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updated: 4/26/2011 8:06 AM

Delegation says Zion storage plans OK -- for now

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  • George LeClaire/gleclaire@dailyherald.com U.S. Representative Joe Walsh, center foreground, U.S. Representative Robert Dold, left to right, U.S. Senator Mark Kirk, and Illinois Senator Suzi Schmidt toured the Zion Nuclear Power Plant on Saturday, April 23. The plant is closed and currently used to cool the spent nuclear fuel.

    George LeClaire/gleclaire@dailyherald.com U.S. Representative Joe Walsh, center foreground, U.S. Representative Robert Dold, left to right, U.S. Senator Mark Kirk, and Illinois Senator Suzi Schmidt toured the Zion Nuclear Power Plant on Saturday, April 23. The plant is closed and currently used to cool the spent nuclear fuel.

  • George LeClaire/gleclaire@dailyherald.comPatrick Daly with Zioin Solutions, center foreground, gives U.S. Representative Joe Walsh left to right, U.S. Representative Robert Dold and U.S. Senator Mark Kirk, right a tour of the Zion Nuclear Power Plant on Saturday, April 23. The plant is closed and currently used to cool the spent nuclear fuel.

    George LeClaire/gleclaire@dailyherald.comPatrick Daly with Zioin Solutions, center foreground, gives U.S. Representative Joe Walsh left to right, U.S. Representative Robert Dold and U.S. Senator Mark Kirk, right a tour of the Zion Nuclear Power Plant on Saturday, April 23. The plant is closed and currently used to cool the spent nuclear fuel.

  • George LeClaire/gleclaire@dailyherald.comU.S. Senator Mark Kirk express concerns about how close the Zion Nuclear Power Plant is to Lake Michigan while speaking to the press in the control room with U.S. Representative Robert Dold on the left, during a tour of the closed plant on Saturday, April 23. The plant currently is used to cool the spent nuclear fuel.

    George LeClaire/gleclaire@dailyherald.comU.S. Senator Mark Kirk express concerns about how close the Zion Nuclear Power Plant is to Lake Michigan while speaking to the press in the control room with U.S. Representative Robert Dold on the left, during a tour of the closed plant on Saturday, April 23. The plant currently is used to cool the spent nuclear fuel.

  • George LeClaire/gleclaire@dailyherald.comUnit one on the right at the Zion Nuclear Power Plant on Saturday, April 23. The plant is closed and currently used to cool the spent nuclear fuel.

    George LeClaire/gleclaire@dailyherald.comUnit one on the right at the Zion Nuclear Power Plant on Saturday, April 23. The plant is closed and currently used to cool the spent nuclear fuel.

  • Video: Delegation tours Zion Nuclear Power Plant

 
 

A group of the state's leading Republicans said Saturday they are satisfied with how spent fuel rods are currently being stored at the former Zion nuclear power plant and how the material will be stored in the immediate future.

But the group led by U.S. Sen. Mark Kirk, a Highland Park Republican, insisted that the ton of radioactive waste should someday find a permanent resting place far from the shores of Lake Michigan.

Spurred by the ongoing crisis at the Fukushima Dai-Ichi power plant crisis in Japan, Kirk said the 2,226 fuel rod assemblies from the Zion plant, which was closed in 1998, must one day be shipped to the Yucca Mountain storage facility in Nevada that has been a source of controversy at the national level for more than 20 years.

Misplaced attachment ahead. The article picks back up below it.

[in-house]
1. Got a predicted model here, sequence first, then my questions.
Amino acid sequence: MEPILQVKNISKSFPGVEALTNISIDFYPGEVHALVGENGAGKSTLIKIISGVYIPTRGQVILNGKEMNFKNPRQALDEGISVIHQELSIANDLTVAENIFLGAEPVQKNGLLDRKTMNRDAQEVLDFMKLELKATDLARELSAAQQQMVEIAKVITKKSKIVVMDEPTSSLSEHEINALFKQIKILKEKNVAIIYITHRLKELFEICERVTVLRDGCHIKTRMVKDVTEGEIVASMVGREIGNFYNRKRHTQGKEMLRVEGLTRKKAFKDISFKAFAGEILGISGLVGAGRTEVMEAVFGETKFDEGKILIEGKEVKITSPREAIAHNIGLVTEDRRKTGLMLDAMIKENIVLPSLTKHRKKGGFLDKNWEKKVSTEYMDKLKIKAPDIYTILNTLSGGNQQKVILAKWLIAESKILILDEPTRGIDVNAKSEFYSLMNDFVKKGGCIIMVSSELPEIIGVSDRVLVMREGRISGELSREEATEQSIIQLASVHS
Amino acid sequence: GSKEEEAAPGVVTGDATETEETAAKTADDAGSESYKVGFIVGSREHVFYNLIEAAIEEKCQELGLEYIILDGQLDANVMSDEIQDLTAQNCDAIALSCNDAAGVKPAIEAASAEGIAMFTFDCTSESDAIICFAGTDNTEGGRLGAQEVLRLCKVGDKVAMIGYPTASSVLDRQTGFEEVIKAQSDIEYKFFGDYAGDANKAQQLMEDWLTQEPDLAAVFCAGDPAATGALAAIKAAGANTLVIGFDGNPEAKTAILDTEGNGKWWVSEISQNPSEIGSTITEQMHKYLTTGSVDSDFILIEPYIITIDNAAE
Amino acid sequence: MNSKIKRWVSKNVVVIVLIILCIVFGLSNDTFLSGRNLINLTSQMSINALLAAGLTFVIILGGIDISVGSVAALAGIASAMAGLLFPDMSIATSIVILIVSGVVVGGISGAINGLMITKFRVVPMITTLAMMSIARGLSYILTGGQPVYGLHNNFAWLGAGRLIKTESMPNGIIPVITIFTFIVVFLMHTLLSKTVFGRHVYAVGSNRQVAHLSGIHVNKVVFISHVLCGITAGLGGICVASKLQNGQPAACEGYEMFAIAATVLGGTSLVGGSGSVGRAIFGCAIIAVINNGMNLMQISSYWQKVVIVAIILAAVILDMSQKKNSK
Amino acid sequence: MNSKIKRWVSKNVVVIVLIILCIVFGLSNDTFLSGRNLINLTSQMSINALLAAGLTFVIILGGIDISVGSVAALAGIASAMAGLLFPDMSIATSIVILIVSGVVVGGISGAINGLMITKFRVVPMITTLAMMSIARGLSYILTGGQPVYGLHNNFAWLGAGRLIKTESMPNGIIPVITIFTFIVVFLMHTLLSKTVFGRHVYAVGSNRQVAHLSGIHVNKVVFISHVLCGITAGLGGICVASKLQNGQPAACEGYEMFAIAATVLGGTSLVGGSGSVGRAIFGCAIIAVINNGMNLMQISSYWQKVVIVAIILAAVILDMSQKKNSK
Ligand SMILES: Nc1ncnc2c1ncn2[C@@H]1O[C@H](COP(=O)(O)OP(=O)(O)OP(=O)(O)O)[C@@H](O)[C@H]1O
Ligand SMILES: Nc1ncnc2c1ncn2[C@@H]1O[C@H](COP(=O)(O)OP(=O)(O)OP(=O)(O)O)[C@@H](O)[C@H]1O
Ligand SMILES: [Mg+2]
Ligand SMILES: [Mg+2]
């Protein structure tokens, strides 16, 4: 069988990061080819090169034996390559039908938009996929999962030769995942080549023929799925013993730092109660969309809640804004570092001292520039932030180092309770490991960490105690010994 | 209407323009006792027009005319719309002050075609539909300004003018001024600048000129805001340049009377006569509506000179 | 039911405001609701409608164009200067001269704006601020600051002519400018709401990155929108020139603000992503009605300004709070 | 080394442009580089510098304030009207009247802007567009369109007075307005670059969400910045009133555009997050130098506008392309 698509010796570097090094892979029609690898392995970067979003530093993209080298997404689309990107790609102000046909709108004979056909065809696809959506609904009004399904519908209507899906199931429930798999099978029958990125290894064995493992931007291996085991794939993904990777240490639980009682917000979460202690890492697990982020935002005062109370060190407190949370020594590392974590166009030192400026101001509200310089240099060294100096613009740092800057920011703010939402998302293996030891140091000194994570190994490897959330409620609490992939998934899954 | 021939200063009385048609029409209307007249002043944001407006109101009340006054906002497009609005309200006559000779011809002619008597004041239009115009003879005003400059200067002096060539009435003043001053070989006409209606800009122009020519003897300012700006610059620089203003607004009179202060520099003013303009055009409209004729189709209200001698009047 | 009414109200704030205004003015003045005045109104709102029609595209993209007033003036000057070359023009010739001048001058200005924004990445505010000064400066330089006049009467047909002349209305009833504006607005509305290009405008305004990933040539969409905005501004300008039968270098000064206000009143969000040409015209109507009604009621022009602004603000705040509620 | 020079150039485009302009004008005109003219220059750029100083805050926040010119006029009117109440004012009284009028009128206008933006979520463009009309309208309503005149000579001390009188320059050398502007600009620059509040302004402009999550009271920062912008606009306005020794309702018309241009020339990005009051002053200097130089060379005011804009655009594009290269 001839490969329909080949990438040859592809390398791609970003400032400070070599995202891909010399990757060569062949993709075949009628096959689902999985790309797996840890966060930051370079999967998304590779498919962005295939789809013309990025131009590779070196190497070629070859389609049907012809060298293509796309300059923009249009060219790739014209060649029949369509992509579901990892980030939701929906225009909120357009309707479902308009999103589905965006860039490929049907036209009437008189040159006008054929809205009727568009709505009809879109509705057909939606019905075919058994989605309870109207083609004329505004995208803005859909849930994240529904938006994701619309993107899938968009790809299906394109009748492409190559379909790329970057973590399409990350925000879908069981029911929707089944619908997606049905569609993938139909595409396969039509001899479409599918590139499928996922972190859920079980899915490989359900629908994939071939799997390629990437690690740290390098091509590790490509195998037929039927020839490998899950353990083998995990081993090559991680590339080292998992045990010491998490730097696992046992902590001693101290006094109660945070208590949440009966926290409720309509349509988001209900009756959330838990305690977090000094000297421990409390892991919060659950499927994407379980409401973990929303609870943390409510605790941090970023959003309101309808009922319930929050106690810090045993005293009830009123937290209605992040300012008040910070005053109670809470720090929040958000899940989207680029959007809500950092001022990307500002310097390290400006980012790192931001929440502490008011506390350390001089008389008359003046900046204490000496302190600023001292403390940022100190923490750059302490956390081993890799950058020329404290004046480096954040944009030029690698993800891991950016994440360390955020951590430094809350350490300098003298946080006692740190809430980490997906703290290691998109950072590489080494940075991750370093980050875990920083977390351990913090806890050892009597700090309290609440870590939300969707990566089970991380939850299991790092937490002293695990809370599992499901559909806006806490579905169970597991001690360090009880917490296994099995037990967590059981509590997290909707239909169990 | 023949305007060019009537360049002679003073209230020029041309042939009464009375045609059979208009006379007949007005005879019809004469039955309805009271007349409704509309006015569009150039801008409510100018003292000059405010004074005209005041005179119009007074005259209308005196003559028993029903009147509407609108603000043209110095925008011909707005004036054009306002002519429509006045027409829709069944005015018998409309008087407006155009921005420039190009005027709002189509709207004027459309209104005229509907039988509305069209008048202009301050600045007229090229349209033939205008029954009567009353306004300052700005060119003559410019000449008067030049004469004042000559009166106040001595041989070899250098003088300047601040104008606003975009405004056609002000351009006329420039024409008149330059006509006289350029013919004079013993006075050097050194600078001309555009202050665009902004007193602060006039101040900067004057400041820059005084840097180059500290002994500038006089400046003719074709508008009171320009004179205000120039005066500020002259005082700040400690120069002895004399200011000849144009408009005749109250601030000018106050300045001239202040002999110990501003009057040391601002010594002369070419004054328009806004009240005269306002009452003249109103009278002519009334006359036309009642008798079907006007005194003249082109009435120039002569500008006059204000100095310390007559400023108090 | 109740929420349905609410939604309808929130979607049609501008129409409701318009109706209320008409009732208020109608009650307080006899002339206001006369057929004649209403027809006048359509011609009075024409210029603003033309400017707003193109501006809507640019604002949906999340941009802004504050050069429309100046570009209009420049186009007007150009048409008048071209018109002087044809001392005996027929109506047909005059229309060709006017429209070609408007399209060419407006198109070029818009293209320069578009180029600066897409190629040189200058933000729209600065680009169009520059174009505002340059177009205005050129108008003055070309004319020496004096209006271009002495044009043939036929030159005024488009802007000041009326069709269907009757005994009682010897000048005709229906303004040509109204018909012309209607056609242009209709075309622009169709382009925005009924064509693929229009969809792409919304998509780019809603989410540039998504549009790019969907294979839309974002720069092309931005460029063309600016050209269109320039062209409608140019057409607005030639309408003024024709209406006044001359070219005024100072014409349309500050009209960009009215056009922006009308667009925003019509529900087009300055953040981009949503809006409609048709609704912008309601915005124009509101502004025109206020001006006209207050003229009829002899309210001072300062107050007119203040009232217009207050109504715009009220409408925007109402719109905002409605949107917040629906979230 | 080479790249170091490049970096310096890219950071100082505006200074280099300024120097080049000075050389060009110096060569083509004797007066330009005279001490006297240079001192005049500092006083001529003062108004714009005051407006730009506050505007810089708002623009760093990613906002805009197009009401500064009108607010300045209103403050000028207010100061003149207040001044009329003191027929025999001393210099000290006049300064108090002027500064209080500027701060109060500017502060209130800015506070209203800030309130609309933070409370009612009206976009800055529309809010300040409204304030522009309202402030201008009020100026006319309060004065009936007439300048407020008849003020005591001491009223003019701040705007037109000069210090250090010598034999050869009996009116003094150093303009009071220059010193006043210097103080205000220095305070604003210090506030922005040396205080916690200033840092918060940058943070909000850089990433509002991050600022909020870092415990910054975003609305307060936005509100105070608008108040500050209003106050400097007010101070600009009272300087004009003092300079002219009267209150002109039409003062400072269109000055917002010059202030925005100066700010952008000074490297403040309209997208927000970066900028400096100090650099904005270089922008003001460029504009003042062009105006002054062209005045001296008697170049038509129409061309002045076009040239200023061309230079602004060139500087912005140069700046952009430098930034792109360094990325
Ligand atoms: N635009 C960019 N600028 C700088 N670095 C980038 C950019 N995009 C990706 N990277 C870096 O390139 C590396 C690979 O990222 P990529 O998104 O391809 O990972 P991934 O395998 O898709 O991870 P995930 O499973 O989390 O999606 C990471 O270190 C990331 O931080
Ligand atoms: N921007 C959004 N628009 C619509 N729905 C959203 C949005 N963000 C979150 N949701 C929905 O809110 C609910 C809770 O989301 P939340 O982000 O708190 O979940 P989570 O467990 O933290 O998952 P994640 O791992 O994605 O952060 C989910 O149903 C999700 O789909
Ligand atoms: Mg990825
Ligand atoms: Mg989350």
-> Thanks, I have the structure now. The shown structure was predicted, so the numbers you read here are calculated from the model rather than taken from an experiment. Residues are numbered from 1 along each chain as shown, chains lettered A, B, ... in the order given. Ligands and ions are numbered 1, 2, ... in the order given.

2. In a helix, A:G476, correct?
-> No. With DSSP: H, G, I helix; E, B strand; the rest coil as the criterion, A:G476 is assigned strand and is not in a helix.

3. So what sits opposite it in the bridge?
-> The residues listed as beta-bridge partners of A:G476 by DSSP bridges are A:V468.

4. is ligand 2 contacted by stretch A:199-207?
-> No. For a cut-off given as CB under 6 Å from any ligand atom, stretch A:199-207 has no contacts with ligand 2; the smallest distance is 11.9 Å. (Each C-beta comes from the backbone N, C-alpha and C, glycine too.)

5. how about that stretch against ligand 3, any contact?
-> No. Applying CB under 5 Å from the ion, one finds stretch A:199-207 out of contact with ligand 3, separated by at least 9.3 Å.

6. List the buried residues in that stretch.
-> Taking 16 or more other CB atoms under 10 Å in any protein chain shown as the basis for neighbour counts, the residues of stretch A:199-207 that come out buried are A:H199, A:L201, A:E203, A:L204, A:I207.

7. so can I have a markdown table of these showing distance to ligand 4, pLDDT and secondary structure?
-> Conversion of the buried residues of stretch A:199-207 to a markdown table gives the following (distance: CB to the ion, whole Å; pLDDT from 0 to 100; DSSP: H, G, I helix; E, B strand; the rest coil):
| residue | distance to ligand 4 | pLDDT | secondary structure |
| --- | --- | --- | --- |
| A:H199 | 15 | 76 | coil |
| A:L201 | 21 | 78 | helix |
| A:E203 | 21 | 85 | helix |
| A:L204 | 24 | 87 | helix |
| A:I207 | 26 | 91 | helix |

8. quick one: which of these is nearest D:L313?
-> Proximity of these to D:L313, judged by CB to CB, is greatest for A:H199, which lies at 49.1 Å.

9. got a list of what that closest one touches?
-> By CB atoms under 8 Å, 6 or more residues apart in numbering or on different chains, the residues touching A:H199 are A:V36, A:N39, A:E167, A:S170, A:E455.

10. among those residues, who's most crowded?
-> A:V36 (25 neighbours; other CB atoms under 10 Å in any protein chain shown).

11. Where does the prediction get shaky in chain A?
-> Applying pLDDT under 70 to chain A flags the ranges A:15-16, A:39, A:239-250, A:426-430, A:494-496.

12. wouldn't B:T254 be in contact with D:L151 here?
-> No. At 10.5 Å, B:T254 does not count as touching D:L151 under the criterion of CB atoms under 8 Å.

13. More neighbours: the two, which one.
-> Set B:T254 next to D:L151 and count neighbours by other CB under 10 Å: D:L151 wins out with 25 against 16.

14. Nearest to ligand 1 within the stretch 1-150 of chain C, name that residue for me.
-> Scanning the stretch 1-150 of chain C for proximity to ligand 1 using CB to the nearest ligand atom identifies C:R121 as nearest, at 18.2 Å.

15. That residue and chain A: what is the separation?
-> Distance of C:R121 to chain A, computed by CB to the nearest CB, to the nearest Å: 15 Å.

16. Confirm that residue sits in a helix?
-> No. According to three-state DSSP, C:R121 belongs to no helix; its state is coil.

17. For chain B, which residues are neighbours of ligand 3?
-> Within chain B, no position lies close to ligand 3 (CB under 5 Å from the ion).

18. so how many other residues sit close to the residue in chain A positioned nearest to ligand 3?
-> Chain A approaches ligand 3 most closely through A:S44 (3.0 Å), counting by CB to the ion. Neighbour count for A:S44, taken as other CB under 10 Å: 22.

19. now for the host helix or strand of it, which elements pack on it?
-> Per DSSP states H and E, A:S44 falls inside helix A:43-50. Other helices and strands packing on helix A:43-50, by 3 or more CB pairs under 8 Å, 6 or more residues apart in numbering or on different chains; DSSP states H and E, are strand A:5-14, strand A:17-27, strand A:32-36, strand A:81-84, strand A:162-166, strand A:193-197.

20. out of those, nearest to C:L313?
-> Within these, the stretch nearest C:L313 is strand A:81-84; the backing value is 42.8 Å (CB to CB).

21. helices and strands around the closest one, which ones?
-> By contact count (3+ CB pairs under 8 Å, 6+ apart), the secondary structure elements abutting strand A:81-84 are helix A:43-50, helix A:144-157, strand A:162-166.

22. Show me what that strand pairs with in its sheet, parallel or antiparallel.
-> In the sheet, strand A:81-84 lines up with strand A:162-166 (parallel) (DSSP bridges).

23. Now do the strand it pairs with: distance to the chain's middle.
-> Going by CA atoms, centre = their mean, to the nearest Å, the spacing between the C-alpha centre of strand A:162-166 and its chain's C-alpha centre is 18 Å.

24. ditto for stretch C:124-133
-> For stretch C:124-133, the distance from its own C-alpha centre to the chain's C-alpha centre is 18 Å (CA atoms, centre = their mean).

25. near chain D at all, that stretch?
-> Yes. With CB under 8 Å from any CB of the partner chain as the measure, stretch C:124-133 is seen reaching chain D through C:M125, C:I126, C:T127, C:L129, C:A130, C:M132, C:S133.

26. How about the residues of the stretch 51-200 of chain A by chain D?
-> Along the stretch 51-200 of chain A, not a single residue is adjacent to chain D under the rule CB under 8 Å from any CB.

Placed on hold in the most recent budget agreement reached early this month, Yucca Mountain is envisioned as a place where nuclear waste can be stored 1,000 feet underground in secure conditions scientists believe will last for a million years.

Currently, the spent fuel rods at Zion are stored in water-cooled containment pools on the 250-acre site and will be moved next year to what are described as even more secure containment casks.

But Kirk and U.S. Reps. Robert Dold, a Winnetka Republican, and Joe Walsh, a McHenry Republican, said after a tour of the Zion plant Saturday that on-site storage of the spent rods cannot last.

"We cannot allow the spent fuel rods to be stored on the shores of Lake Michigan, the source of drinking water for millions," Dold said. "It is time for the administration and Senate leadership to move forward on Yucca Mountain."

The group at the plant tour, who were joined by state Sen. Suzi Schmidt, a Lake Villa Republican, and Zion Mayor Lane Harrison, laid the blame for the delay on Yucca Mountain's opening on President Obama and U.S. Senate Majority Leader Harry Reid, a Nevada Democrat.

"Harry Reid is adamantly against Yucca Mountain ever receiving any nuclear waste, but hopefully he is going to retire someday," Kirk said. "Sen. Dick Durbin (an Illinois Democrat many believe could succeed Reid as majority leader) is in favor of using the facility, so there is bipartisan support."

Pat Daly, site manager for Zion Solutions, LLC., which is doing the disassembly of the plant expected to be completed in 2020, said the plans his corporation has in place for storage of the rods are safe against any natural or man-made disaster.

Kirk also said he intends to ask the Nuclear Regulatory Commission to expand the evacuation zone around the Zion plant from its current 10 miles to 13 miles.

"There are lessons to be learned from the Fukushima disaster and one of them is to have an adequate evacuation zone mapped out," Kirk said. "The evacuation zone around Fukushima is 20 kilometers (about 13 miles), which should be a 'lesson learned' for us."

Schmidt and Harrison said they both hoped that when the plant is completely torn down the acreage in now sits on will be given back to state and local government for recreation area.

"I want to see this area go back to what it was --- open to the public for recreation," Schmidt said. "There is a beautiful shoreline here everyone should be able to enjoy."

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